2. “But here’s the reality: most of our students don’t make those choices, even though they are already available.”

    They may be “readily available” but try navigating course selection, mandatory courses, exam timing, etc and it can become very difficult to fit in a clinical elective into a course schedule.

  3. Jasminka Kalajdzic

    In her thoughtful and eloquent blog, Dean Brooks gives many good reasons for law schools to resist further concentrating their resources on producing “practice-ready lawyers”. Here is one more.

    There is no consensus at Law Societies as to what practice legal education is training students to be ready for. There is no such consensus among employers of those law graduates, either.

    For evidence of this confusion, one need look no further than the list of competencies articling students are to master in order to pass the bar in Ontario and the Articling Goals and Objectives which the Lakehead program is designed to meet. Articling students are, at least in theory, expected to do everything from analyze a NUANS search, to draft appropriate documents in a child protection proceeding, to attend at a custodial facility to interview a client. Students must know how to use trust accounts, prepare witness statements and docket their time. From the purely administrative task (“learn process for recording expenses and disbursements”) to the complex (“prepare written report of options and strategy based on the articling candidate’s research and investigation”) and the critical (“learn proper usage of precedents”), the competencies to be mastered are as varied as legal careers are diverse.

    And that’s the point. We cannot train students to be “practice-ready” for every possible career in law. Our mandate is to educate future lawyers who can understand and critically analyze facts and law, in all of the ways that Dean Brooks has listed in her post. Our hope is that students enter the profession well-rounded, intellectually curious, and committed to promoting justice in the broader sense.

    Is curriculum reform to be encouraged? Absolutely. Integral to any reform effort will be a focused and principled enunciation of the competencies to be mastered. Law faculties must determine what those should be. Some of the skills listed in the Articling Goals and Objectives are fundamental to legal education and are already being offered. Like Schulich, Windsor offers one semester, full-time clinic placements as well as part-time clinic work. First year students devote an entire year to learning about legal research and writing. But students also have to develop their legal reasoning skills, a moral and professional identity, and an understanding of the access to justice issues that plague our society. For the student dedicated to a career in human rights advocacy, there are courses and fellowships to help prepare him. For the student embarking on a career in corporate litigation, there are other courses and offerings better suited to her objectives. Both students need not just skills training but time and space to engage meaningfully and critically in the jurisprudence and with each other.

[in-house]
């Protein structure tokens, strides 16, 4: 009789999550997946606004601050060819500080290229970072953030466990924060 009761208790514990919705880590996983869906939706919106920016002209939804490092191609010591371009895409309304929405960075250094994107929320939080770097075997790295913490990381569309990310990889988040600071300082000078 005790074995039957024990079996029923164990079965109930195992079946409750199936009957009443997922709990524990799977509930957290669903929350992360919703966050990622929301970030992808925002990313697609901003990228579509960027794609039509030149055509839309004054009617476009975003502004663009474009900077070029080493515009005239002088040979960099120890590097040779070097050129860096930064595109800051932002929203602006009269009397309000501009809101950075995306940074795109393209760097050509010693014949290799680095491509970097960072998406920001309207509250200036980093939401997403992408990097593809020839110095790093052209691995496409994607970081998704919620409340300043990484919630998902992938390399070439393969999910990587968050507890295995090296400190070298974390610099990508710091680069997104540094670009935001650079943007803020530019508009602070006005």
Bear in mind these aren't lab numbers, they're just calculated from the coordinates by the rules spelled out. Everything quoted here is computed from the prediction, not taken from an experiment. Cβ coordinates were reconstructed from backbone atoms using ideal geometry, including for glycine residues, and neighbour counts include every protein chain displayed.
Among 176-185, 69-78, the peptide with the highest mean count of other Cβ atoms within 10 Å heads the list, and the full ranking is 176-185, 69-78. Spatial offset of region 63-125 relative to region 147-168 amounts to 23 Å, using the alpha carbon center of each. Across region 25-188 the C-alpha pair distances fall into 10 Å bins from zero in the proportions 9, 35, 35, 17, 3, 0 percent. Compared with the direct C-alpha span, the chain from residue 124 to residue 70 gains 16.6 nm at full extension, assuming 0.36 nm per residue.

Law students can’t possibly graduate knowing everything there is to know about being a [fill in the blank] lawyer in [city/town/rural area], but they will know to ask the right questions and find the answers. Given the many, many paths graduates take, it is hard to imagine a monolithic model of legal education that will make them “ready” for all of them.